What is Short Covering?
Short covering, also called ‘buying to cover,’ refers to the purchase of securities borrowed by an investor to open and close a short position in the stock market. The process is closely related to short selling. In fact, short covering is part of short selling, which involves the risky practice of borrowing price-declining stocks, trading, patiently wanting, buying back, and generating profits.
What is Short Positioning?
In short covering, investors usually hold a belief that the price of the stock will fall. When they identify an opportunity when the prices are low, they borrow shares before share prices start to rise. They immediately dispose of them in the hope that the price of the stocks will fall. The practice is known as short positioning – opening short position and short closing position.
Short Positioning Cycle
- Opportunity – An investor sees an opportunity that the price of a given stock in the market will soon fall.
- Opens short position – An investor borrows the shares of the company at the current price.
- Selling the stocks – Before the stock prices deteriorate to losses, the investor sells off the shares.
- Waiting period – The incubation period in which the investor must wait for the stock prices to drop before closing a short position.
- Closing a short position – Once the stocks drop below the speculated margin, the investor buys back the exact number of shares borrowed.
- Revenues – In the previous phase, there are two things happening in the market. One, the stock prices may fall as anticipated. The outcome will naturally lead to profits since the trader will exit the short position lower. The difference between the entry and exit is the profit. However, in the second option, the stock prices go high. As a result, the trader will make losses since the exit price will be higher than the entry price.
Example: Short Covering
Let’s take the example of Joe, a savvy equity trader. He’s been in the stock trade long enough to understand the way the stock market works. Recently, he’s been tracking the stock performance of XYZ Company. According to market gossips and his trading experience, the stocks of XYZ are likely to fall soon. Joe identifies this opportunity and he plans to go for it. He approaches his trade broker, who in return assists him to open a short position of 1,000 stocks, trading at $30. According to him, in the next two months, the stocks will go as low as $20, which is good business to him.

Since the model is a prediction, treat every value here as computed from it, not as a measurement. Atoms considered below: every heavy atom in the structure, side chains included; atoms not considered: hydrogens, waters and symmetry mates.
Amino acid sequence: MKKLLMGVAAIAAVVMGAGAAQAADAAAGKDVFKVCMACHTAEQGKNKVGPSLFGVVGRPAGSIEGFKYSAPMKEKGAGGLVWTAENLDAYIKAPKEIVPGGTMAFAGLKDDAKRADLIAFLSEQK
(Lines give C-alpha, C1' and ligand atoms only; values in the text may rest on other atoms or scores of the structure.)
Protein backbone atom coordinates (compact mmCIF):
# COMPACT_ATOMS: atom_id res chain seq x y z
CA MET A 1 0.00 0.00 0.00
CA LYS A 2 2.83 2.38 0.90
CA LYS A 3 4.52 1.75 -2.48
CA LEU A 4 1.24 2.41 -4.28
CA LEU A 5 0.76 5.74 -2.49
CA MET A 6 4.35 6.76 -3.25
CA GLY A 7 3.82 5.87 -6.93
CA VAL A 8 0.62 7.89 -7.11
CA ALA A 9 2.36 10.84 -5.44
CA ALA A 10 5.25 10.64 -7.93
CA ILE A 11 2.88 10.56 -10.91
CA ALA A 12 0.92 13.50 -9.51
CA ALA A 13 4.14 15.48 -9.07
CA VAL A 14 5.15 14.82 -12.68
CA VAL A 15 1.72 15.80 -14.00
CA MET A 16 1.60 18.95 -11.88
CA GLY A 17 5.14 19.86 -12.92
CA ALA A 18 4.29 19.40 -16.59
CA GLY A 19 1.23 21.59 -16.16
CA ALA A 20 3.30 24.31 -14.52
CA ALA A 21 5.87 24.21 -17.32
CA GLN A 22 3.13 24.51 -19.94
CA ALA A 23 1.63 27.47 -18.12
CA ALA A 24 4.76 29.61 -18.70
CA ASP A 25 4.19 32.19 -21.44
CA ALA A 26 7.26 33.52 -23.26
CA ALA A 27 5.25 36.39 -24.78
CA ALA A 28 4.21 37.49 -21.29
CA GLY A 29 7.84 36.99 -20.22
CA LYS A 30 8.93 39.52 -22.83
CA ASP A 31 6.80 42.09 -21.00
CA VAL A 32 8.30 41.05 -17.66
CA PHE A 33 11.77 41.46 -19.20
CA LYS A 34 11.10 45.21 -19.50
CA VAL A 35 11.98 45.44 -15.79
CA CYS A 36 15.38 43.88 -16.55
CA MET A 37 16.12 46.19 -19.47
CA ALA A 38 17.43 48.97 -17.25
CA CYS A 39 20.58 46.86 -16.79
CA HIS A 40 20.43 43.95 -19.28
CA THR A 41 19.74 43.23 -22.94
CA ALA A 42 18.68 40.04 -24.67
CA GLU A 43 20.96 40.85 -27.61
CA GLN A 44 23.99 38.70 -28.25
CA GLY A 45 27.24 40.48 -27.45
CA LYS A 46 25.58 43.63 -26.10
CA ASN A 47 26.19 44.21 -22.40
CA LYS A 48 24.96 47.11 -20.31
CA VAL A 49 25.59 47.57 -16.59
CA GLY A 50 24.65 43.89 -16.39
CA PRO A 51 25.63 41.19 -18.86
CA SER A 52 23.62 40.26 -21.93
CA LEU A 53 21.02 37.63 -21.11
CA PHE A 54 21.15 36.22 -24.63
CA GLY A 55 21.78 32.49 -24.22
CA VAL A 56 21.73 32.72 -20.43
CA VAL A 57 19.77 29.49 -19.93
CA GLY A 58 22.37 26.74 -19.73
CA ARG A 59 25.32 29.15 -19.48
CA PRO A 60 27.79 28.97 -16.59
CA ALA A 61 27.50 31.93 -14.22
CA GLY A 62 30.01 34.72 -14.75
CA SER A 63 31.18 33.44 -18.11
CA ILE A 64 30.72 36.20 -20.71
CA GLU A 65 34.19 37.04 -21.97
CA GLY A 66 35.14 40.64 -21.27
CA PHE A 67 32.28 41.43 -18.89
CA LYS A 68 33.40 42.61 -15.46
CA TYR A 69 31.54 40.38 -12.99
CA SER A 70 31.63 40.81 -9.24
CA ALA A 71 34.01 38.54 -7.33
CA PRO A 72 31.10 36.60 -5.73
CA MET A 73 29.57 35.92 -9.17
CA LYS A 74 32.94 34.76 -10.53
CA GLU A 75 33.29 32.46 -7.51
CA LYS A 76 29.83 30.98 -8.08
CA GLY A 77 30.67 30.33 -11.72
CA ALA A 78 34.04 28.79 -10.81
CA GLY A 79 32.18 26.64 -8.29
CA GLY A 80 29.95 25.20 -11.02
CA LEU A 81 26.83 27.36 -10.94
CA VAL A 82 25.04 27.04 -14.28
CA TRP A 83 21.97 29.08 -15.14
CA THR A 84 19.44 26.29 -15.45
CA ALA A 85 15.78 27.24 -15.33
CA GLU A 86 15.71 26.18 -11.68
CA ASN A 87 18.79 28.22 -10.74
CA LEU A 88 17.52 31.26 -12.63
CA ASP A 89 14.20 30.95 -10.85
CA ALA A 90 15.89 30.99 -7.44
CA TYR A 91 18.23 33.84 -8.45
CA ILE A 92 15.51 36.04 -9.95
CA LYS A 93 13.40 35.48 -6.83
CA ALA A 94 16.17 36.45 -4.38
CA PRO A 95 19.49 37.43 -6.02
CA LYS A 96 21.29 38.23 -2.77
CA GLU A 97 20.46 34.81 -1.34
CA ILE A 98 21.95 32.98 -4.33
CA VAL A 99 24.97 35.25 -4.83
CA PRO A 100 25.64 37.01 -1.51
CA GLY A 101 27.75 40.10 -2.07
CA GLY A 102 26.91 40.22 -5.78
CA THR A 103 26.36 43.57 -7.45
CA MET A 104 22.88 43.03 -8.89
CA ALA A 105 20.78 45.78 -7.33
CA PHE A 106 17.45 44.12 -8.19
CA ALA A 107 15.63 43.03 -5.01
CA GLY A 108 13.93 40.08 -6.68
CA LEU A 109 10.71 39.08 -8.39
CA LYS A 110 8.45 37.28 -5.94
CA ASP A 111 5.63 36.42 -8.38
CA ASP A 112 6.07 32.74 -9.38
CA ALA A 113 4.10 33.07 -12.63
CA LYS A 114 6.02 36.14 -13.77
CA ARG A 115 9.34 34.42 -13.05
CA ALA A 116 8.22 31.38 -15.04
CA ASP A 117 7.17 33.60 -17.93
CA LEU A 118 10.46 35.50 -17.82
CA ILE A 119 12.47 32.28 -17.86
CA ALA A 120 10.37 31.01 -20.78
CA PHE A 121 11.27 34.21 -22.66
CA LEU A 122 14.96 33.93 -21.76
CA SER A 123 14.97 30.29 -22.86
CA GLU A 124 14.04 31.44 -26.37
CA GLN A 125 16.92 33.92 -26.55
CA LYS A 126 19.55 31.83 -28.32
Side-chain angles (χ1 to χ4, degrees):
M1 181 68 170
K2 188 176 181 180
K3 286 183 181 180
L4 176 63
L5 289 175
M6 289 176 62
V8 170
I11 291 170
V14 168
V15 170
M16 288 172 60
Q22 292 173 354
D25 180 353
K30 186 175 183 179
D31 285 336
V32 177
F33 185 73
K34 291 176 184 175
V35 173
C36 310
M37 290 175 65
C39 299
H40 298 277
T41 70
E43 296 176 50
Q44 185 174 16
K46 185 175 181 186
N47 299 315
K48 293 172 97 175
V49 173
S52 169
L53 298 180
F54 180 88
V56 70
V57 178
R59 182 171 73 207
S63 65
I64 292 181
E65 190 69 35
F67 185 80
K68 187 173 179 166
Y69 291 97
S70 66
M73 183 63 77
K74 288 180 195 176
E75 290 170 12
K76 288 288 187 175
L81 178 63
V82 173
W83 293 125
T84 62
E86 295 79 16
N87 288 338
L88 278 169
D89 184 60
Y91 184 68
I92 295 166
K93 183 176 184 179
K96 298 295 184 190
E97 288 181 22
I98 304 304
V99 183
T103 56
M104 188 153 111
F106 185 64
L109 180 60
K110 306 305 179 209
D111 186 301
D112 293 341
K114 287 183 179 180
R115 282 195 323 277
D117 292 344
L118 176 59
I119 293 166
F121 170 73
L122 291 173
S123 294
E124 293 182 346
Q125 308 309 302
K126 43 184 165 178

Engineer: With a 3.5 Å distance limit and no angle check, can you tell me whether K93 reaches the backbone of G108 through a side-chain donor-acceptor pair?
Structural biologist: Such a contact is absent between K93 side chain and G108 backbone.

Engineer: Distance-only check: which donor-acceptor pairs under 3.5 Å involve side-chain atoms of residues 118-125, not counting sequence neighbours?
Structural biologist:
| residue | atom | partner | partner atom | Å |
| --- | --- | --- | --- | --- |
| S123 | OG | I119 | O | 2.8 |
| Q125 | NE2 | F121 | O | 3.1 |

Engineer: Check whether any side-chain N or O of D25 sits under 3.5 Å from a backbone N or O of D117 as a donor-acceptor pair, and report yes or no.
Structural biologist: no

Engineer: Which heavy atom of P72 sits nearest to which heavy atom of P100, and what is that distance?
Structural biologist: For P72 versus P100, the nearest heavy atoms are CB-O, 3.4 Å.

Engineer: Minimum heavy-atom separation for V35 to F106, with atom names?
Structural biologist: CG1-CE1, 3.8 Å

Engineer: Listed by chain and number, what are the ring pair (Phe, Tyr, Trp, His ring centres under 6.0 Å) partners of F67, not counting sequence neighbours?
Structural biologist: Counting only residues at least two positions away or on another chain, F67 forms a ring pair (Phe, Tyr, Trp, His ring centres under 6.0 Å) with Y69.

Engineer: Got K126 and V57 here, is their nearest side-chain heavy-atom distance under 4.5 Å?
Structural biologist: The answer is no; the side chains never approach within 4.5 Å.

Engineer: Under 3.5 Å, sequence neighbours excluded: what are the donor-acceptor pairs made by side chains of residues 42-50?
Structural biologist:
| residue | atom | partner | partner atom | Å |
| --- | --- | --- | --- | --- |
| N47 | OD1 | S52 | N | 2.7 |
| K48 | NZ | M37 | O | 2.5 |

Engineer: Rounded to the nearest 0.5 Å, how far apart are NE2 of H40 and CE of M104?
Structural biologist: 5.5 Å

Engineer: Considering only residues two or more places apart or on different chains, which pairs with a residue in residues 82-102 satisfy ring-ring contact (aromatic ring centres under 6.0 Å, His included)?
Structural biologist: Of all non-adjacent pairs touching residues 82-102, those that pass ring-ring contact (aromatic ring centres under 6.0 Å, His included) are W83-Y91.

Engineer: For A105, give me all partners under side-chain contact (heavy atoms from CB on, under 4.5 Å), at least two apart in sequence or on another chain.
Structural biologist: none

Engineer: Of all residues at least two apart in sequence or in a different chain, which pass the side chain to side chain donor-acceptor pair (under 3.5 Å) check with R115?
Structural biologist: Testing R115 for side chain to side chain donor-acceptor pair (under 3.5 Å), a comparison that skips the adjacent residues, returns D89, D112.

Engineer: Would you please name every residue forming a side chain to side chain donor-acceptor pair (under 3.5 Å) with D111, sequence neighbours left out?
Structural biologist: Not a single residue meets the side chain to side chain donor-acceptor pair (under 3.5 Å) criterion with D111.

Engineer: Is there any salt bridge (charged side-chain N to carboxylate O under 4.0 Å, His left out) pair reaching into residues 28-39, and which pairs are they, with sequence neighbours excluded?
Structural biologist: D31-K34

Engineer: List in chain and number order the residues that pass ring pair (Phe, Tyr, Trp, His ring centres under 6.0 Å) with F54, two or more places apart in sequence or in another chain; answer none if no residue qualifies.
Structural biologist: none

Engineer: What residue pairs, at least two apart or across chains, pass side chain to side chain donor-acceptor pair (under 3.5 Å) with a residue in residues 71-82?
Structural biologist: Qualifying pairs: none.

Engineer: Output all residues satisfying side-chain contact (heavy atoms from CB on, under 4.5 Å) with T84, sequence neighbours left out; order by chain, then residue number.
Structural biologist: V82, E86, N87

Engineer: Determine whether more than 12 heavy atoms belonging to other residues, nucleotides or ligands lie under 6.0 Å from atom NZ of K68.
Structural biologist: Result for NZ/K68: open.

Therefore, he acquires the rights to the shares, and he sells them at the current market price of $30. Then he waits to see what will happen in the stock market. With luck on his side, the price hits what he anticipated, $20 per share. So, he buys the 1,000 shares at a current price of $20 to close the short position. According to the math, Joe will generate a revenue of $10,000 ($30,000 – $20,000). He sold his borrowed stocks at $30,000 (1,000 shares x $30) and sold them at $20,000 (1,000 shares x $20,000).
Price Increases in Short Positioning
During short positioning, the price of a stock can rise or fall. If it falls, traders make profits, which is precisely what they want. However, if it increases, they are on the verge of making losses. The situation, by itself, creates chaos upon the stocks because traders are making more losses as the prices continue to move against them. As a result, they rush to opt out of the short position by selling off their shares. However, the more they sell their stocks, the more that stock gains value. The whole experience may seem as if it’s squeezing them out of the market.
Short Covering vs. Short Squeezing
In short squeezing, the prices of the security rise significantly leading to a situation where traders rush to close their short positions due to the pressure of increasing stock prices. Below is the comparison between the short covering and short squeezing.
1. Rush to Open vs. Rush to Close
In short covering, traders rush to open short position to make profits, while in short squeezing, traders rush to exit before making more losses.
2. Selling vs. Buying
In short covering, traders buy to cover, while in short squeezing, traders sell to close their short positions.
3. Opportunity vs. Risk
In short covering, a trader sees an opportunity for profits, while in short squeezing, a trader’s investment is facing threats.
Example: Short Squeeze
Using Joe’s investment, let’s assume that after the first month, stock prices start moving in the opposite direction. Instead of the price going down, it starts rising by 12% per day. Apparently, Joe and other traders will rush to close their short position before they make more losses. So, they will be squeezed out of the trade.
Challenges of Short Covering
Traders who engage in short covering face the following challenges:
1. Short squeezing
Short squeezing leads to losses. However, a trader can determine whether an investment will result in losses or profits. It is done by evaluating the proportion of the shares sold versus total outstanding shares. The percentage is known as shares short interest. The other measure is the short interest ratio (SIR), which is the proportion of the shares sold versus the volume of the daily traded stocks.
2. Short trading horizon
Unlike ordinary shareholders who can hold their stocks longer with the expectation that prices will rise, short covering usually anticipates changes in share prices in the opposite direction. As a result, they cause havoc in the market, leading to either sharp decline or steady gains in prices. Either way, it is not a desirable outcome for other stockholders who want a stable trading environment.
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